Intelligent automotive marketing: It's not an oxymoron
- By 2012, auto manufacturers are expected to invest $9.8 billion in direct marketing, yielding $108.1 billion in sales, with an ROI of $11 billion.
- Vehicle retailers will see a slight decrease in ROI, to $33.67 billion by 2012. That will result from spending $8.8 billion on direct marketing advertising and earning $297.8 billion in sales.
- Direct-order campaigns produced at least 40% of direct marketing sales in 2007.
- In the third quarter of 2007, Toyota was the number one vehicle brand mailer of service promotions.
- Of the domestic brands, Ford, Chrysler and Dodge sent out the most direct mail sales campaigns during Q3 2007.
- Of the foreign auto brands, Toyota, Mercedes-Benz and Honda sent out the most direct mail sales campaigns during Q3 2007.
- Most direct mail sales pieces sent in Q3 2007 were aimed at acquiring new customers.
- About 75% of the auto industry's direct marketing investment and sales center around consumers, with business-to-business sales making up the remainder.
In hindsight, historical data aside, the predictions seem absurdly bullish, and there seems to be little correlation between the fact that Ford, Chrysler and Dodge sent the most direct mail and the performance of those companies. So what role does e-mail play in the automotive category?
E-mail intelligence is the answer. E-mail intelligence is demographic, behavioral, contextual and psychographic data available via the e-mail channel that can be acted upon to inform smart marketing decisions. While leveraging intelligence available across the e-mail channel and other relevant channels cannot save the big three from all their perils, the truth is all automotive category advertisers (all category advertisers for that matter) can do a much better job of engaging their true target customers every single day of the week. They simply need to understand how.
Historically, many dollars have been spent on direct campaigns across automotive dealerships with greatly diminishing results as the data driving the campaigns aged. Another challenge has been validity. Direct campaigns of the past somewhat necessarily relied on assumption-riddled models of sending mail or calling into former customers based on self-reported data from the point of sale or purchased lists. Data derived this way are often invalid. Today, there are better alternatives.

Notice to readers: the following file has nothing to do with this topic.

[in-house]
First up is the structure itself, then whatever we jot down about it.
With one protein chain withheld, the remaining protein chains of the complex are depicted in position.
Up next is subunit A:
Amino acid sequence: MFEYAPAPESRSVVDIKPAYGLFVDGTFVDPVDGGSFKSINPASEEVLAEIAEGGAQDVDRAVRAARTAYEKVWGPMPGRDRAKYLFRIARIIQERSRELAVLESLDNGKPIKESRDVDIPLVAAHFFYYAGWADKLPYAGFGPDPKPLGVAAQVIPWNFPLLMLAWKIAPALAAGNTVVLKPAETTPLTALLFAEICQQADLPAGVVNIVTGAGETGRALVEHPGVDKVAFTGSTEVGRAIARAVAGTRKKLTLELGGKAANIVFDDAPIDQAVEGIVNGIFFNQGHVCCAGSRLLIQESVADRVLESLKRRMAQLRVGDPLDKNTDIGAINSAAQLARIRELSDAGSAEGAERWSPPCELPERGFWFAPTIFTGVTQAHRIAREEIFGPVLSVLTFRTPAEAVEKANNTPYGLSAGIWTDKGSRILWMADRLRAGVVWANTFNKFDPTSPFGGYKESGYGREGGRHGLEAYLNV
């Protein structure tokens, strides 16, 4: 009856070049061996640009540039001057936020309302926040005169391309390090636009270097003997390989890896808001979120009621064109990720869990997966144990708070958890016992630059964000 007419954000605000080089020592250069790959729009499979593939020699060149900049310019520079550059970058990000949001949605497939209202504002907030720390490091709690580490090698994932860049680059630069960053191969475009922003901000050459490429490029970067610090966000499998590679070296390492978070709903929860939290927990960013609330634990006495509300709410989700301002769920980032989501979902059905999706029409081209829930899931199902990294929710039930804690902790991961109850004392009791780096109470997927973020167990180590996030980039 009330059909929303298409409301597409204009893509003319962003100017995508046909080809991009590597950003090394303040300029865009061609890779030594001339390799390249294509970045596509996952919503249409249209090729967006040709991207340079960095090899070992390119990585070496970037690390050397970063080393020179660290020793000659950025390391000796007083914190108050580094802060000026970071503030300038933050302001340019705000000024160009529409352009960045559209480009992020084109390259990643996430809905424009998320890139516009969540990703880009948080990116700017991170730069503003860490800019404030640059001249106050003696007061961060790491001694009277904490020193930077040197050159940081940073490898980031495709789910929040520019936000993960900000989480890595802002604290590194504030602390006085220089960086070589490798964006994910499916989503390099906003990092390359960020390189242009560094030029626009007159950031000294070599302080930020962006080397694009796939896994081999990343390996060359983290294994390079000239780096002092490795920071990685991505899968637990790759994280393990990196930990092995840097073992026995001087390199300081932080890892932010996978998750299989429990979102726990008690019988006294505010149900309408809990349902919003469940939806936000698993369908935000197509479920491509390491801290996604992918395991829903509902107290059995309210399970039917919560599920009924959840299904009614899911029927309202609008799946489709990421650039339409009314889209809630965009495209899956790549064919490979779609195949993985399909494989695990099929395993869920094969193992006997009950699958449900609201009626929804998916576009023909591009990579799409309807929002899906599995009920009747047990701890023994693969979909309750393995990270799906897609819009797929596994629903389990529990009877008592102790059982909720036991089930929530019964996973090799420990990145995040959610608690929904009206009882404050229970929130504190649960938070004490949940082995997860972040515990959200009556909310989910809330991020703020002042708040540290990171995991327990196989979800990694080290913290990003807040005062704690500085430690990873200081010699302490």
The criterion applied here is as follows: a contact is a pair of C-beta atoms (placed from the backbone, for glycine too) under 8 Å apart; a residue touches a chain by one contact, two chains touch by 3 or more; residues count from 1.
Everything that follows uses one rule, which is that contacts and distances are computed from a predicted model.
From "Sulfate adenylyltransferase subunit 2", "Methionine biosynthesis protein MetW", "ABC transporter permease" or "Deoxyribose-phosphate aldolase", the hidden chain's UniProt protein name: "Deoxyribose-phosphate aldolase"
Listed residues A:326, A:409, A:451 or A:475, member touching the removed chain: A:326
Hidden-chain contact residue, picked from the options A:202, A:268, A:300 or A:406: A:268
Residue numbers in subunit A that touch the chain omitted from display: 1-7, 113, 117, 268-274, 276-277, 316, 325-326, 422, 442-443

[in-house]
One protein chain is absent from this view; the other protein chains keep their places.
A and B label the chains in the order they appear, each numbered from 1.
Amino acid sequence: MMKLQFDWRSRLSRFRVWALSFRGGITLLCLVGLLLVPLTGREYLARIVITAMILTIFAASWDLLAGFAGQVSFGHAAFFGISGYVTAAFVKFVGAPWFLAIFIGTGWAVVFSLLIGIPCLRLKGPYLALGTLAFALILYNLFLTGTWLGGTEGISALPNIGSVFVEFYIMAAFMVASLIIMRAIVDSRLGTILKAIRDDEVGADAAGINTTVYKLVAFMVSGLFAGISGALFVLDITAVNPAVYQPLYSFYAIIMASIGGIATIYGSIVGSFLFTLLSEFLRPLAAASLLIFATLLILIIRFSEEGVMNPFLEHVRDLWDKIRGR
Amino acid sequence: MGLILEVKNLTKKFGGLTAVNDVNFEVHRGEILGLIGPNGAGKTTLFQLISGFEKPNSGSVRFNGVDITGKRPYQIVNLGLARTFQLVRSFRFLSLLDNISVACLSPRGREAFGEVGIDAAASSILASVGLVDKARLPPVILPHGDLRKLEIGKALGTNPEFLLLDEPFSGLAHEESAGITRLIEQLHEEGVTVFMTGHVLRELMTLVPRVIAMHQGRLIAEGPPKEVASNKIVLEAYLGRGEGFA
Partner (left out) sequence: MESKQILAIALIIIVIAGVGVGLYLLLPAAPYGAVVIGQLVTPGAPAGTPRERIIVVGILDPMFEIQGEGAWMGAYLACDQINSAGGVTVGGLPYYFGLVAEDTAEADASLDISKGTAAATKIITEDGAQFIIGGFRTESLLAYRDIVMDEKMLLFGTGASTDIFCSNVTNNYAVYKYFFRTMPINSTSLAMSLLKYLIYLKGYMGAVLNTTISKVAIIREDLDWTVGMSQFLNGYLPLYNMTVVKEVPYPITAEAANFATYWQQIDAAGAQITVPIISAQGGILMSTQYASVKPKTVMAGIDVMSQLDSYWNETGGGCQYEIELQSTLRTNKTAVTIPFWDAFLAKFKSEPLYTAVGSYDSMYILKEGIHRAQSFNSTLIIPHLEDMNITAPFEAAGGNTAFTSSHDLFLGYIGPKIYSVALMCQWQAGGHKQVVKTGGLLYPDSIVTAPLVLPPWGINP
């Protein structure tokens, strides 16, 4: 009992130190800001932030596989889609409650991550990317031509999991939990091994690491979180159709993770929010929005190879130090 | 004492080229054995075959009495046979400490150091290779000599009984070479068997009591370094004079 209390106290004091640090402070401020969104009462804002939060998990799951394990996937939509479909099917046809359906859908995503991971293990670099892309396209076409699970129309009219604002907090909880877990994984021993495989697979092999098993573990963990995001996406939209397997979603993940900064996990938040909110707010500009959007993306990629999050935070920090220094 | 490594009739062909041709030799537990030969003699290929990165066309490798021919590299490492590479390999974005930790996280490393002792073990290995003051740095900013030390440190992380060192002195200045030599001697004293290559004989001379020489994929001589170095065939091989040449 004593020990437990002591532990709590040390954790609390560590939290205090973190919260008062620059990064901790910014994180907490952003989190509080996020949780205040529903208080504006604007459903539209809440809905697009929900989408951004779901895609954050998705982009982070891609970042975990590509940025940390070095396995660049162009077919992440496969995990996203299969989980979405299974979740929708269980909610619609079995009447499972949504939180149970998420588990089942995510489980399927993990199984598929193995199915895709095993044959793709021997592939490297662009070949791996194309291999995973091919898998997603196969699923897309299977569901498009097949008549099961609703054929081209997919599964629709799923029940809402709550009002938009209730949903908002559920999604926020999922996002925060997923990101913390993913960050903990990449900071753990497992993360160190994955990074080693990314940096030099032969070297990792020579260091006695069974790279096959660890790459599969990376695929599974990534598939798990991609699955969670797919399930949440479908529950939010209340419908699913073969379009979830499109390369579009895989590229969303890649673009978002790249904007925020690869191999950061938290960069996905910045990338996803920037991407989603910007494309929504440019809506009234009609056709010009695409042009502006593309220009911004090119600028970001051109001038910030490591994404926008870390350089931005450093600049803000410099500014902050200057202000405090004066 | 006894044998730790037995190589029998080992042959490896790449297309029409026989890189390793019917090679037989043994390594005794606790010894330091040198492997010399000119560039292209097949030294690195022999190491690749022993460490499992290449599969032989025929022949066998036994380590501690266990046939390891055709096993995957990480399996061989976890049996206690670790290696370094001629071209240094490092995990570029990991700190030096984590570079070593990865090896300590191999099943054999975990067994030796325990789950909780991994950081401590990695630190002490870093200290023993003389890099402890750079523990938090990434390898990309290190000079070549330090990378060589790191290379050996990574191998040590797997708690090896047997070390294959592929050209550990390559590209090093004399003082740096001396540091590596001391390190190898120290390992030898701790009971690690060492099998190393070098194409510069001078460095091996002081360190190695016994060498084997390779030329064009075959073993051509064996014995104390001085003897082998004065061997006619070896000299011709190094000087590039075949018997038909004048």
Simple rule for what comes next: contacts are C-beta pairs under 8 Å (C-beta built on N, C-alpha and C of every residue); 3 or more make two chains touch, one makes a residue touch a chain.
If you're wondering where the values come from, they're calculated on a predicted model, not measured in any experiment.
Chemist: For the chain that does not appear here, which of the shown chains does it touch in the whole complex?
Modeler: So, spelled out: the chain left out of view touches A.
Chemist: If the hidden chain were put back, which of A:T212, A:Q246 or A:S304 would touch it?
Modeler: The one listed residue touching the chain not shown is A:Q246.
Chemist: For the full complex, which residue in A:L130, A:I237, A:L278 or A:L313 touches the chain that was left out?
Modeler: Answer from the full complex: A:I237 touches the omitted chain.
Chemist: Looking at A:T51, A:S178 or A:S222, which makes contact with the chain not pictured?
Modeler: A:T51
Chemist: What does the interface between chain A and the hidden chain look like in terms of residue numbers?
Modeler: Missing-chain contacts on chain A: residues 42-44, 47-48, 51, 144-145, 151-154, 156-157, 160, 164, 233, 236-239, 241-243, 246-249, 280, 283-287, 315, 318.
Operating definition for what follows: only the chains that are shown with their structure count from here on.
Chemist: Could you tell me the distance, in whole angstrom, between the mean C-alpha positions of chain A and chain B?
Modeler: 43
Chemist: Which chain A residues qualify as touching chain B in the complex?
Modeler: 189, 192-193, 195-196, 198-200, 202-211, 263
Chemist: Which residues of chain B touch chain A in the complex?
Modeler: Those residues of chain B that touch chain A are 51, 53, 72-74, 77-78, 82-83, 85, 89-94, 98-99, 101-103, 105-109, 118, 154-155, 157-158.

Today's most progressive automotive marketers are using e-mail data that provides information about who is shopping for what and when to inform campaign execution. They are then coupling this information with verified postal and phone information to execute smart campaigns on a local level for maximum results.
For example, a dealership in Dallas might leverage e-mail intelligence regarding which consumers are actively in the market to sell or trade in their vehicle or alternatively to obtain financing or insurance or warranty protection. They would then obtain information about consumers in their market in order to intelligently communicate with those most apt to respond to their valuable calls to action. The result? Like other categories, when this type of intelligent cross-channel targeting takes place, the lift in results is significantly higher.
Additionally, looking across the data can actually help tell marketers which products and services to promote based on real-time buyer activity. For instance, as you might expect, this quarter has been a terrible quarter for new automotive sales. However, it has been a much stronger quarter for financing, insurance and warranty sales.
The takeaway? Automotive category client or not, don't assume anything these days. Employ intelligence in all your multichannel marketing efforts. And, most importantly, act on it to drive greater results.